Yes, I know I wrote this as a comment on RYWHM yesterday, but I'm overworked at the moment and couldn't think of anything else to write here today. So sue me. Actually, don't - I have no life savings to speak off, only a stupidly large collection of CDs by obscure indie bands and lots, LOTS of books. I could possibly spare something from my collection of 80s fantasy novels I suppose...


Wednesday, November 14, 2007

Review: Modern Britain 1900-1960 @ the NGV

I was, I confess, initially a bit dubious about the latest exhibition to open at the National Gallery of Victoria's St Kilda Road complex, Modern Britain 1900-1960, when I first heard about it. In retrospect, I think I was perhaps subconciously expecting a collection of bland landscapes and terribly prim portraits; a visual reflection of the "ordinary decent" Britain whose citizens and standards Joe Orton so delighted in shocking.

Instead, it's a fascinating and focussed exploration of the impact of modernist art movements such as Post-Impressionism, Futurism, Surrealism and more, and how they first assailed and ultimately swept aside the stultifying hangover of Victorian values in British art.

In many ways, Modern Britain is a companion piece to last year's NGV exhibition, British Art and the 60s from Tate Britain, which was a detailed survey of art created in the decade when the world's eye swung away from the USA and back to the Britain of David Hockney, The Beatles and The Kray Twins. Unlike that exhibition, however, Modern Britain is drawn from the collections of numerous public galleries rather than just one institution, and is perhaps the richer thereby; coloured as it is by the tastes and interests of dozens of different curators at some 20 galleries, as well as a number of private collectors.

More than 250 works, representing 93 artists, have been taken down from the walls or dusted off from where they've languished in the vaults of galleries across Australia and New Zealand; and loaned to the NGV for this broad survey of art documenting the impact of two World Wars, and much more beside.

Viewing the vibrant, post-impressionistic works of Vanessa Bell and Duncan Grant; and the paintings of Walter Sickert and other artists of the Camden Town Group, who championed the legitimacy of the everyday as a suitable subject for art in 1911; it's easy to imagine how exciting and confronting such works might have seemed when first seen by audiences who'd grown up on the formal artist conventions enshrined by the Royal Academy, and the refined artifice of the Pre-Raphaelites. So too with the dynamic, Futurist-inspired linocuts of Claude Flight, Lill Tschudi and Sybil Andrews; and Duncan Grant's superb The Bathers (c.1926-33), a glorious, ambitious evocation of masculine beauty and energy.

Grouped both chronologically and thematically, it's possible to gain a sense of the impact made by successive art movements as they rolled like waves across the English Channel from the Continent, and the corresponding social changes that accompanied them. Some artists, however, sank rather than swam, as was the case with the unfortunate, conflicted and presently under-rated Glyn Philpot (1884-1937), whose work is, for me, one of the real highlights of Modern Britain.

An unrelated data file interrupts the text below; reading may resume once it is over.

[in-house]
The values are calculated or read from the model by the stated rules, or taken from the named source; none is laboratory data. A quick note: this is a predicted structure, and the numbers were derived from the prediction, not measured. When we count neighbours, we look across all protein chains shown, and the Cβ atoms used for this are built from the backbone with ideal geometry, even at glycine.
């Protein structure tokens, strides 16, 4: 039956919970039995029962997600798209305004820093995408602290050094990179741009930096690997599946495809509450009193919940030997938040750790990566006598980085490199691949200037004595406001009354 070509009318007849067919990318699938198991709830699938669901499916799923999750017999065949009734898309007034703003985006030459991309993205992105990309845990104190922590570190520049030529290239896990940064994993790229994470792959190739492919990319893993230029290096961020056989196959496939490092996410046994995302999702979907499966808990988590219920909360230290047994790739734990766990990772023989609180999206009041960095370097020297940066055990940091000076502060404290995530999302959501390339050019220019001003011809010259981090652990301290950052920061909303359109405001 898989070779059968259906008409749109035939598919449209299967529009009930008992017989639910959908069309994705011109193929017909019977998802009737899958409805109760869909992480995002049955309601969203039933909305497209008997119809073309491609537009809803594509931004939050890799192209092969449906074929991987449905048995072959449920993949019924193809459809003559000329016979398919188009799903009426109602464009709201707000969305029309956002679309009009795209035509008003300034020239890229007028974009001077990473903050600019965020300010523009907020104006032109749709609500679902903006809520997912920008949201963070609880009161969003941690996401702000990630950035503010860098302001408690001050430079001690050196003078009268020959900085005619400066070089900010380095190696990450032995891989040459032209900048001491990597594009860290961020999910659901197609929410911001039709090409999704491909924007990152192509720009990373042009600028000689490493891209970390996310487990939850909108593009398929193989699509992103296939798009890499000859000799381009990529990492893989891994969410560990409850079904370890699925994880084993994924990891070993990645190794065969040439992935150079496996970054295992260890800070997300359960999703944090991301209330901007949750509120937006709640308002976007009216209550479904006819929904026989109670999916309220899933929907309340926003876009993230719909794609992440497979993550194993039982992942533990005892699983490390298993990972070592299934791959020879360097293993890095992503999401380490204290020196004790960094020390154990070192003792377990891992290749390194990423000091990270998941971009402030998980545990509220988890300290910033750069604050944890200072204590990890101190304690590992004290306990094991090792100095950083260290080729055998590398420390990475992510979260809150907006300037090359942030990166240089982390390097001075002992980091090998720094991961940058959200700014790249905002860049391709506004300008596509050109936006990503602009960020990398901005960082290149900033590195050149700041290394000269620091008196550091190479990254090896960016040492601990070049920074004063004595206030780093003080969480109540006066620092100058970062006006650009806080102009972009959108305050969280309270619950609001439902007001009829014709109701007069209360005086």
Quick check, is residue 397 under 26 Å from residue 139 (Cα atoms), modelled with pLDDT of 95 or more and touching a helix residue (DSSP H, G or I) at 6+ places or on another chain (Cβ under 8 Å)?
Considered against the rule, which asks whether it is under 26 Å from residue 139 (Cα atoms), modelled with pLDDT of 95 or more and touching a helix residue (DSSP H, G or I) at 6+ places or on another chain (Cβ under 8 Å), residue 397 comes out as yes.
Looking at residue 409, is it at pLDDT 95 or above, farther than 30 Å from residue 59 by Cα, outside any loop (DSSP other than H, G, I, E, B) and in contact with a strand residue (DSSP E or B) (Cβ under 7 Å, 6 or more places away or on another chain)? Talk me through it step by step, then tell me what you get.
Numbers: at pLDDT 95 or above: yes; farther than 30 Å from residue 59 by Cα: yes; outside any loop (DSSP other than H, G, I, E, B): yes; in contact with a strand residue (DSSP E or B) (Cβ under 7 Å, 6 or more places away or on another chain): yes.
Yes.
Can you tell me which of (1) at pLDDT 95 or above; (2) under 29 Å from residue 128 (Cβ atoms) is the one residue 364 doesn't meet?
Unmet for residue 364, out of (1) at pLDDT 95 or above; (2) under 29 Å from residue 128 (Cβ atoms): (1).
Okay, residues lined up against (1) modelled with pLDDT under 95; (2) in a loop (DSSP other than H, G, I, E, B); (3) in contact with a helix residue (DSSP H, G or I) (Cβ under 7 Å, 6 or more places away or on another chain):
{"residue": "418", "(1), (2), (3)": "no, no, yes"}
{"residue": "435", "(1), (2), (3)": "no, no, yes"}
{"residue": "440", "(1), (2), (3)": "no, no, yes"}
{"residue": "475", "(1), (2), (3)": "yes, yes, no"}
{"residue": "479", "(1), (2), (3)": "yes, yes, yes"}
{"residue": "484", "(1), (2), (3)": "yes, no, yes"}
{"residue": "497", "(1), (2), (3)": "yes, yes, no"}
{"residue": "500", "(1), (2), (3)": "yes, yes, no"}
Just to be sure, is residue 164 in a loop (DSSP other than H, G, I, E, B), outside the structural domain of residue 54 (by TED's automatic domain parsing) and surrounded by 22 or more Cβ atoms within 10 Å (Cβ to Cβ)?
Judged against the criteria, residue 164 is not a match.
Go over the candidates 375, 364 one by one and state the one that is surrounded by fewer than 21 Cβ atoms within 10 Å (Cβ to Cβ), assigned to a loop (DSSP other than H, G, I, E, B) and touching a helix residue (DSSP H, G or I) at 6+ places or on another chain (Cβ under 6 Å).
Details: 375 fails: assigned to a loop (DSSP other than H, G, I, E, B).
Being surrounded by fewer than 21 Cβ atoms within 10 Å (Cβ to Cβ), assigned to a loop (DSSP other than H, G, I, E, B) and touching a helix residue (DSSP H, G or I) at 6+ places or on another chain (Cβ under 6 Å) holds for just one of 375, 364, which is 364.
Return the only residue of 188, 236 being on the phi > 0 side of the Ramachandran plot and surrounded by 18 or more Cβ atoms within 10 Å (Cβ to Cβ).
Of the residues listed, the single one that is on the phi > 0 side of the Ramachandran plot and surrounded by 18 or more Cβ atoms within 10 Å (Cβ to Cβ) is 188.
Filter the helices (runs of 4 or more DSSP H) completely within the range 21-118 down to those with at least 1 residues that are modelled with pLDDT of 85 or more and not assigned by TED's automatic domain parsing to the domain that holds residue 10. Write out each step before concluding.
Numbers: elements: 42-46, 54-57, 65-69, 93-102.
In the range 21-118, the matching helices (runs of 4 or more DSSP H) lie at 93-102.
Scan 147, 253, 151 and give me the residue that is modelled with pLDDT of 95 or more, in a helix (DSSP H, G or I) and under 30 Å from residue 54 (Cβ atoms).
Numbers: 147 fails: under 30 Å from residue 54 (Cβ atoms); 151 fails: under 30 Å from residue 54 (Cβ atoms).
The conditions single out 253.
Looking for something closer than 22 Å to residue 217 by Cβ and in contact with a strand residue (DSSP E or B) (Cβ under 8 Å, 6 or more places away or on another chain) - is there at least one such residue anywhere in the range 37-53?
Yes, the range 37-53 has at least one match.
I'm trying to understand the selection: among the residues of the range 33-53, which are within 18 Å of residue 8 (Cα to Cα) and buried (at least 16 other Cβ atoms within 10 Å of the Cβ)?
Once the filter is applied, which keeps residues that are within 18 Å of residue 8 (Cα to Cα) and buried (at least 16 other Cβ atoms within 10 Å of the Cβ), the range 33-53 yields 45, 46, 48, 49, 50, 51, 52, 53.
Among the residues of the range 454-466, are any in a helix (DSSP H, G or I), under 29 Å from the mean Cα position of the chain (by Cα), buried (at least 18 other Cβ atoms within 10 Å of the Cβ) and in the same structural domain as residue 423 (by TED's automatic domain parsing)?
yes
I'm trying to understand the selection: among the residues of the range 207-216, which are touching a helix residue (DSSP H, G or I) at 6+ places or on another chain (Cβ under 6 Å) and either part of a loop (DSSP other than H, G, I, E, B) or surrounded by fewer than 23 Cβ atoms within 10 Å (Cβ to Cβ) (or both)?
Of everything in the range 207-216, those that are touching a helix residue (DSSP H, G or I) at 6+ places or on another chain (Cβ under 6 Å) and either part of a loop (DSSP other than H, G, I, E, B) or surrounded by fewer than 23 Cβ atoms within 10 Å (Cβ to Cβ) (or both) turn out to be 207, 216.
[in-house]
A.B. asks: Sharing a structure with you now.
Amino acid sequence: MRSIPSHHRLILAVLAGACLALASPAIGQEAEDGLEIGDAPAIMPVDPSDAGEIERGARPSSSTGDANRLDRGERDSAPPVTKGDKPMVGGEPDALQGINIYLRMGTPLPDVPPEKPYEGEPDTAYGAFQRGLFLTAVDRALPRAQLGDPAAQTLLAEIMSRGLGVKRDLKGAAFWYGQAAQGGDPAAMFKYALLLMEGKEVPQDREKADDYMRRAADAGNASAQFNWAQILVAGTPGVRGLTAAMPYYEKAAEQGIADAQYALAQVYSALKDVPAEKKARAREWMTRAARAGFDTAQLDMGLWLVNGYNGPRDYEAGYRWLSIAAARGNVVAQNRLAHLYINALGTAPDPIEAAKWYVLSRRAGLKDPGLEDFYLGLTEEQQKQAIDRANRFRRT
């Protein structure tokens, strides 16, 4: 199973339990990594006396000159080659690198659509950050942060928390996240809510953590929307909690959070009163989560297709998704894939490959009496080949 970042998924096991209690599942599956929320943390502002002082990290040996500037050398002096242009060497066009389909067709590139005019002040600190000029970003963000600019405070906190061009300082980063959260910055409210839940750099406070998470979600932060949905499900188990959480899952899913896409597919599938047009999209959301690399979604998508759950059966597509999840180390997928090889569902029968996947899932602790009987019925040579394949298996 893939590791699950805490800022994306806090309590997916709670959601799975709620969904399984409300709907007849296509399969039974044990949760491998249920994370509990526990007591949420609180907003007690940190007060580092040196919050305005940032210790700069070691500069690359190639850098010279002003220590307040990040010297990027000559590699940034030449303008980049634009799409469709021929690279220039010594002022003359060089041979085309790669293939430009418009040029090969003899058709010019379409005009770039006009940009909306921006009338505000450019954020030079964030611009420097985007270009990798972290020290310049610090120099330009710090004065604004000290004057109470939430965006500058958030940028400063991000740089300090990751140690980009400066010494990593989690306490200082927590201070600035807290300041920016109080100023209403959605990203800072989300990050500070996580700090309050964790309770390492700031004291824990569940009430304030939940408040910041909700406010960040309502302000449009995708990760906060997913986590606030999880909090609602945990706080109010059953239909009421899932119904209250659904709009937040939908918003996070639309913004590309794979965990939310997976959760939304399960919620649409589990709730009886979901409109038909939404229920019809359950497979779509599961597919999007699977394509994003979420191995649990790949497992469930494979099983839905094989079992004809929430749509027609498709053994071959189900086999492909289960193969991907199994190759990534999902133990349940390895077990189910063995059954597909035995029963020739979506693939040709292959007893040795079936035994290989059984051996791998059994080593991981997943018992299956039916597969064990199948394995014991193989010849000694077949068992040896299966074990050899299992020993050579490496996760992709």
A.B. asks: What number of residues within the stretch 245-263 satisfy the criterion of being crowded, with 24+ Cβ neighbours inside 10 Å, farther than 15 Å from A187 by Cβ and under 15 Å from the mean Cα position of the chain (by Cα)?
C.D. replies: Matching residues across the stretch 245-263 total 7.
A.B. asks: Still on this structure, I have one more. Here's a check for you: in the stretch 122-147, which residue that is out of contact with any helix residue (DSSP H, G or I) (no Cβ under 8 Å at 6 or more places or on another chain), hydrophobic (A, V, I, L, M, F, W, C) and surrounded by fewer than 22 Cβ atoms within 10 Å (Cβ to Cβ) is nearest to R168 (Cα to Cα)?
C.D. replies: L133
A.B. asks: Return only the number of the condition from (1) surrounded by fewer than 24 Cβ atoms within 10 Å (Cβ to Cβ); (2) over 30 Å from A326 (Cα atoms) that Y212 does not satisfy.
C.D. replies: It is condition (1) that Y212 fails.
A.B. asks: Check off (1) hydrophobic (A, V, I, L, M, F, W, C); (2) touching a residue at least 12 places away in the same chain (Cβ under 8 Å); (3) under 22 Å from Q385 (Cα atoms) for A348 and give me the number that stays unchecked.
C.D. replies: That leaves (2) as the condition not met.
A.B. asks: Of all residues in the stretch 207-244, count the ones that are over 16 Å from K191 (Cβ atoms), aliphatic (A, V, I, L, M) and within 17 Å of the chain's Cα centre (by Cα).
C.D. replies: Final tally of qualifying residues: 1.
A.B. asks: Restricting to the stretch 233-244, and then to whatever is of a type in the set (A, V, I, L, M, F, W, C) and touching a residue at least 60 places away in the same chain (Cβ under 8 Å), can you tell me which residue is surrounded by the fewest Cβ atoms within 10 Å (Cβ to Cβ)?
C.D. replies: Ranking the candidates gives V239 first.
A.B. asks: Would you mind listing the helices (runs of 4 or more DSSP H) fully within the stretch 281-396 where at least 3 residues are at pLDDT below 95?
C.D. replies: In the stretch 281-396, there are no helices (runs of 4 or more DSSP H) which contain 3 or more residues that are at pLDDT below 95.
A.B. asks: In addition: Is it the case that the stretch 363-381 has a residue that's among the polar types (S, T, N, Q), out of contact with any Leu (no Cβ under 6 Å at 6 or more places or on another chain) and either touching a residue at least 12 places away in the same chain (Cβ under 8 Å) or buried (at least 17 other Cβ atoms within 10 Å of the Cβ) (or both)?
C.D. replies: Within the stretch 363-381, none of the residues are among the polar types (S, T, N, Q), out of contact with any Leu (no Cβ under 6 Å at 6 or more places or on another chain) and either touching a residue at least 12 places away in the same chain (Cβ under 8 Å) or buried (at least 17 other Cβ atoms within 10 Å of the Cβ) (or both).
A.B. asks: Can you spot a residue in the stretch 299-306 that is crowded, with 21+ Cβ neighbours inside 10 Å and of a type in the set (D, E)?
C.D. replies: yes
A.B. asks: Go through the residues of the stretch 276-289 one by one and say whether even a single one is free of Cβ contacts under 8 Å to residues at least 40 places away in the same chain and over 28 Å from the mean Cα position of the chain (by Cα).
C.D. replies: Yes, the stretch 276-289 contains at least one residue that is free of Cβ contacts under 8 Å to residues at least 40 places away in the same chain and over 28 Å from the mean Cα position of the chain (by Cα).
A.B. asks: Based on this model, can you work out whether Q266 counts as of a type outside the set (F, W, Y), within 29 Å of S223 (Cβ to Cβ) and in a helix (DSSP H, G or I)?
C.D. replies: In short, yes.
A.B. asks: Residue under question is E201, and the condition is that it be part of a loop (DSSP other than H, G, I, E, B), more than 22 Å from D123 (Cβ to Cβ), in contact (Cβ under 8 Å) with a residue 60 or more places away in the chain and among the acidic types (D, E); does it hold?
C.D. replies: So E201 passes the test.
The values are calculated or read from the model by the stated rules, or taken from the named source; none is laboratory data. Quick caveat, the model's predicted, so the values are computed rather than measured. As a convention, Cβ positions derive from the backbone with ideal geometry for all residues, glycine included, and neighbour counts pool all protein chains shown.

Like a character out of Evelyn Waugh's Brideshead Revisted, Philpot's life was a struggle between his Catholicism and his sexuality; a struggle which expressed itself, in part, in his richly textured, darkly luminous portraits of Italian soldiers and other young men from the working classes (shades of E.M. Forster's Maurice and the English fascination with rough trade, a factor present in the sexual assignations of another, more successful British artist, Francis Bacon). In Philpot's case, however, there was another conflict playing out in his work, which came to a head in 1931. Exposure to the decadent world of Weimar-era Berlin, followed by a stint in Paris where he explored the work of Picasso and the Surrealists, led to Philpot embracing both his sexuality and the modernist aesthetic, with fatal consequences.

The new painterly style he displayed upon his return to England, in a controversial solo show in 1932, shocked and scandalised the London art world. His painting The God Pan was rejected by the Royal Academy, and the society commissions he depended upon dried up almost completely. The following years saw Philpot beset by financial and personal difficulties, and led to his untimely death in 1937.

From forgotten artists such as Philpot and the wartime painter Louis Duffy, to artists of the stature of Augustus Johns and Lucian Freud, the breadth of work displayed in Modern Britain 1900-1960 is truly remarkable, as well as deeply engaging. It's a vibrant, dynamic exhibition, and one that I unreservedly recommend.

Sunday, November 11, 2007

Fangs for the memories

Being a 'bit' of a horror movie fan I do enjoy a good vampire movie. Sadly they're few and far between. The latest vamp flick to hit Australian cinemas, 30 Days of Night is a case in point. It's got a lot going for it, but it's still not good.